The QueQue: Ramen noodles, Bexar County, and wage theft, LGBT discrimination and SA city codes, Bernal driving out the moneychangers
Published: June 27, 2012
Ramen noodles, Bexar County, and wage theft
"This is an unusual project," said David Marquez, Director of Bexar County Economic Development when asked about his efforts to entice Maruchan, Inc., to San Antonio. The Japan-based manufacturer of Ramen noodles and other high-sodium foods is considering building a factory in southwest Bexar County. The facility would bring tax revenues and jobs to the area. But as San Antonio considers its place in the low-wage economy, the question is: what kind of jobs?
San Antonio got a peek at those kind of jobs early June when the U.S. Department of Labor concluded an investigation into prominent San Antonio car wash, the Wash Tub. According to investigators, the company had made illegal deductions from employees' paychecks, had failed to pay overtime, and had not appropriately recorded the hours worked by employees. Following the investigation, the Wash Tub paid a total of $246,438 in back wages to 308 employees — an average pay-out of about $800 for each worker. "The lower the wage, the more vulnerable workers are," said Juan Coria, director of the San Antonio District Office for the Department of Labor's Wage and Hour Division.
Maruchan, Inc. plans to employ about 60 people at the plant and rely on contractors to staff another 600 positions. Most of those contract jobs would pay little more than the minimum wage of $7.25 per hour. The county is considering a package of $5.8 million in tax incentives for Maruchan, Inc. to build its plant on Fischer Road. The low wages being offered by the company's contractors have raised questions as to whether the county government should incentivize such a project. The county's own guidelines require a company receiving a tax abatement to pay at least a living wage, currently pegged at $10.75 per hour. To get around County guidelines, the company is not being offered an abatement but a grant, which does not have a living-wage stipulation. "We are still concerned about the minimum-wage side," said Marquez.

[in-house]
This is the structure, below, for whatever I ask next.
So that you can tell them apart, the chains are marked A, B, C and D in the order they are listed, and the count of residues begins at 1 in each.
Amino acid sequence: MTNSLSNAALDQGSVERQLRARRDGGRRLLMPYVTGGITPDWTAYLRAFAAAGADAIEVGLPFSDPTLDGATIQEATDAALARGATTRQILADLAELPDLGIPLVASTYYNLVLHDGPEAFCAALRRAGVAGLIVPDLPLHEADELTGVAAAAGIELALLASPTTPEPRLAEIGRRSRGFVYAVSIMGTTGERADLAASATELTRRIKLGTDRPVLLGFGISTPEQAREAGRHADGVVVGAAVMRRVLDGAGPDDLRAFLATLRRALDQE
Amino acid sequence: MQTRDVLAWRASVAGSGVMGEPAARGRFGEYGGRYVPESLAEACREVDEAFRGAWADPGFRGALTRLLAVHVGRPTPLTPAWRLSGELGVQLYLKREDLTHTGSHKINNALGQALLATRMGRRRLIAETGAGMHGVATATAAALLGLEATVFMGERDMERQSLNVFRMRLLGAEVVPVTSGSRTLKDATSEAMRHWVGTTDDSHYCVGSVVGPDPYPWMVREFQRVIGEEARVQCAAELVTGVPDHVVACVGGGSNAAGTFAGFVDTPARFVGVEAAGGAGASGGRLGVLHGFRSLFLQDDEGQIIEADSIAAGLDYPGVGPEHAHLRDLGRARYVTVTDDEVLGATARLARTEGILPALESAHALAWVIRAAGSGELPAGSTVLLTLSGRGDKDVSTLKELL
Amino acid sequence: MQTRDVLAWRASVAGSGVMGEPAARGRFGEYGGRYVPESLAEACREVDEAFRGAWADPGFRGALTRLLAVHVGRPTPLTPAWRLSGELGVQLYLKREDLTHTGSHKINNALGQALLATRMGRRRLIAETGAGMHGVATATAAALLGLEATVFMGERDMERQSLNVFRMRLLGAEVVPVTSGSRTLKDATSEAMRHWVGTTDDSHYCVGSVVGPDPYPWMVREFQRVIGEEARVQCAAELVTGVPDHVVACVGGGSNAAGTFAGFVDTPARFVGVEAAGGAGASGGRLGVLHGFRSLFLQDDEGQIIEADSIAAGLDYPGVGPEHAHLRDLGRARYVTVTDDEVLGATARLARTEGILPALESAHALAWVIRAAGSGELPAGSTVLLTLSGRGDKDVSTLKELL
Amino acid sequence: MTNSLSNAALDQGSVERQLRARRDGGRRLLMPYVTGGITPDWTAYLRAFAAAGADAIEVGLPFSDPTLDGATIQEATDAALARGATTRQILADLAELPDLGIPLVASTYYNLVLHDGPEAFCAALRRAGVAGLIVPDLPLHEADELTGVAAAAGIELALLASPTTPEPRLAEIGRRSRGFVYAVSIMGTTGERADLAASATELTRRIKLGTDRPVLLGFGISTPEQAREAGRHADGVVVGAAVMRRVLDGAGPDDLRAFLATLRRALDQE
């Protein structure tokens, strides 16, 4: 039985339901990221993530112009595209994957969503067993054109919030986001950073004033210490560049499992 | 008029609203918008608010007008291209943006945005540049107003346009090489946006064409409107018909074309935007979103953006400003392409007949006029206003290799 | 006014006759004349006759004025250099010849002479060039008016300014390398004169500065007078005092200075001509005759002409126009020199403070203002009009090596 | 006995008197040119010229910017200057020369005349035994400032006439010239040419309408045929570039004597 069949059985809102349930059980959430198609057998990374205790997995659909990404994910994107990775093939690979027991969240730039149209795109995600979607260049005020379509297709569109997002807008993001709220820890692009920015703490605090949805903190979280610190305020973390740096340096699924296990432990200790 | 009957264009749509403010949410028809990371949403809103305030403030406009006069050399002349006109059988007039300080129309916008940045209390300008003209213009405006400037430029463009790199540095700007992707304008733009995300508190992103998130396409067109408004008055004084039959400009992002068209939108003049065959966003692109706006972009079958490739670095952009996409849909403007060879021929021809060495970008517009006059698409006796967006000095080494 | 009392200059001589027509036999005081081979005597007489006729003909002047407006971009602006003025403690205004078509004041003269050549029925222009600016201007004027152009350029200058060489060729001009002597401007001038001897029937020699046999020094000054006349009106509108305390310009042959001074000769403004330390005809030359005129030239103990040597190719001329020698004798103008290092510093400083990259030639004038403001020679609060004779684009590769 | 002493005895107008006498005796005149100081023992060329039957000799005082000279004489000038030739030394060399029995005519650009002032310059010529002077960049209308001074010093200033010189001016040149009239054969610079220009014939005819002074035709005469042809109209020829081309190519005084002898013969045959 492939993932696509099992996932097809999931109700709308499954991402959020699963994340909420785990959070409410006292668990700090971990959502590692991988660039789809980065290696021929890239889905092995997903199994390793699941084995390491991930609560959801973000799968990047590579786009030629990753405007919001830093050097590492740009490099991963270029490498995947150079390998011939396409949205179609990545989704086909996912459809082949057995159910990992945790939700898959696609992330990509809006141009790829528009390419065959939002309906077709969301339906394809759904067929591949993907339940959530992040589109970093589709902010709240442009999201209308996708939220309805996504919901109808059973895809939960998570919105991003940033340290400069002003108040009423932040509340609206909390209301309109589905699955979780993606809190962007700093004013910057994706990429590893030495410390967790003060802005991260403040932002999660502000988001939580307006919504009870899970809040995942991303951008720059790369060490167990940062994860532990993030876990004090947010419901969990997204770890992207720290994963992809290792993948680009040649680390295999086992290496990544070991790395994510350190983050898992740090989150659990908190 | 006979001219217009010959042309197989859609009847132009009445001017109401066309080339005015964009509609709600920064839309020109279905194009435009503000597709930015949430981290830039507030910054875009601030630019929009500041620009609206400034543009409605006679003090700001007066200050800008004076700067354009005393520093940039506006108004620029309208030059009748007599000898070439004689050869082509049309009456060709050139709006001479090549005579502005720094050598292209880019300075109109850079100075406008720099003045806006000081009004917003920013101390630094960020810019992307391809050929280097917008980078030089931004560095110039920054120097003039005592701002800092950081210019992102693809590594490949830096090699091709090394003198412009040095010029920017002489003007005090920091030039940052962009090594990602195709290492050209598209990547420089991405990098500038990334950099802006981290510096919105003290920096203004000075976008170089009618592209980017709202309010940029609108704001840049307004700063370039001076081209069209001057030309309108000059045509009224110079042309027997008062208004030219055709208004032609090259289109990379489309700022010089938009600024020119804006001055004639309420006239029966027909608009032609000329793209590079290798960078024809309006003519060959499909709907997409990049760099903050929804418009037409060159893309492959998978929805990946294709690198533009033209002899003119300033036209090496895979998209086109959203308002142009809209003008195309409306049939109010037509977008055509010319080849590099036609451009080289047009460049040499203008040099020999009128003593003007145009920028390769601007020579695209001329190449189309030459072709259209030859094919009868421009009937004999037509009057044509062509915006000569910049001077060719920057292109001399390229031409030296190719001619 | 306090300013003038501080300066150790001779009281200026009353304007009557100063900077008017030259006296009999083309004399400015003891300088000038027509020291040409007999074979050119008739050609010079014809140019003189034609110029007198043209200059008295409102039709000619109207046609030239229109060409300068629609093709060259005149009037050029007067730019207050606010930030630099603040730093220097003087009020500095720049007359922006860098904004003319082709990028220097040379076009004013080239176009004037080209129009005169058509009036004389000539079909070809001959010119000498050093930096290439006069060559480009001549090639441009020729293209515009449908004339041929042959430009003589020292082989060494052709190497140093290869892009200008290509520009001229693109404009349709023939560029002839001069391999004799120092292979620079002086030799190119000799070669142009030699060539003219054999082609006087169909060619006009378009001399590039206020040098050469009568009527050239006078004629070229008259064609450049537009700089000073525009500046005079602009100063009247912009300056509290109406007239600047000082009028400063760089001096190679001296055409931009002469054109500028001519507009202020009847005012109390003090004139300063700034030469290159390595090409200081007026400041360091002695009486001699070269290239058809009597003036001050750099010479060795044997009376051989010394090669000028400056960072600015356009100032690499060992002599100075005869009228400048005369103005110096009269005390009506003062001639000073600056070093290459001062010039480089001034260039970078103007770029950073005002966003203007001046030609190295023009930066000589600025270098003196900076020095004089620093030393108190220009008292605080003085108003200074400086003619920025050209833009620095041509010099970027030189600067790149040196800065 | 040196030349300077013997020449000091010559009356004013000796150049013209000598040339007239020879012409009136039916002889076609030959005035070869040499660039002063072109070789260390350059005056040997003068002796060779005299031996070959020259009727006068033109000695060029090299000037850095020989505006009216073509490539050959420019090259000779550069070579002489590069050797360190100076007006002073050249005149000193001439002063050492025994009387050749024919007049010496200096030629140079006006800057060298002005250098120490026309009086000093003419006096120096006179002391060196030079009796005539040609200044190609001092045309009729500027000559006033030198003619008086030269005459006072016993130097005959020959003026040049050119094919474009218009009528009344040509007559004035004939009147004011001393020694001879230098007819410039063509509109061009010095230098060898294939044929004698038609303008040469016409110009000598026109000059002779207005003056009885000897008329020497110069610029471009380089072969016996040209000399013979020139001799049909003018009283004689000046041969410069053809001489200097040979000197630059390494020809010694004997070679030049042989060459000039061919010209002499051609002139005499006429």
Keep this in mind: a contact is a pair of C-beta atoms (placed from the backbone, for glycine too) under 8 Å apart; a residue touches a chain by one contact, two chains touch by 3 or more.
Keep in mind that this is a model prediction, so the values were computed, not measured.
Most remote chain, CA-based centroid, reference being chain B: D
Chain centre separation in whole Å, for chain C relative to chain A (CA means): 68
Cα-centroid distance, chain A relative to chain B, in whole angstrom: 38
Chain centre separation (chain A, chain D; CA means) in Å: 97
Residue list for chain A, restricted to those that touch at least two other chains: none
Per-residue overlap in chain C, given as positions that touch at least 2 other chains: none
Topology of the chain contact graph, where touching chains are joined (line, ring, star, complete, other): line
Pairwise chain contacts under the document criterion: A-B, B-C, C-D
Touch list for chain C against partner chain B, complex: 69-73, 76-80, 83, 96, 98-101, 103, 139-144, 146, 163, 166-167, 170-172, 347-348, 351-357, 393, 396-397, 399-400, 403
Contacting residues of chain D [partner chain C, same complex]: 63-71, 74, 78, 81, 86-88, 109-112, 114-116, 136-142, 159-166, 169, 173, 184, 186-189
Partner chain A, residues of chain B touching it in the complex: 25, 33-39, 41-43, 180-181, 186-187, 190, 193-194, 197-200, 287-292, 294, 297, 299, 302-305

"We're starting to address some of those issues. The contractor should be paying a living wage."
While any deal would require the final approval of the county commissioners, a unanimous 'yes' is expected. While Precinct 2 Commissioner Paul Elizondo described the deal with Maruchan as a "dilemma" to the San Antonio Express-News, he added "a job is a job. We need as many of them as we can get."
When the think tank Progressive States Network graded all 50 states on worker protections recently, Texas got an F-minus. "There are zero record-keeping requirements in place [in Texas]," said report co-author Cristina Francisco-McGuire. "The state also has zero anti-retaliation provisions in place." Given that extra vulnerability, county and city leaders should think extra hard on what sort of jobs they want to encourage.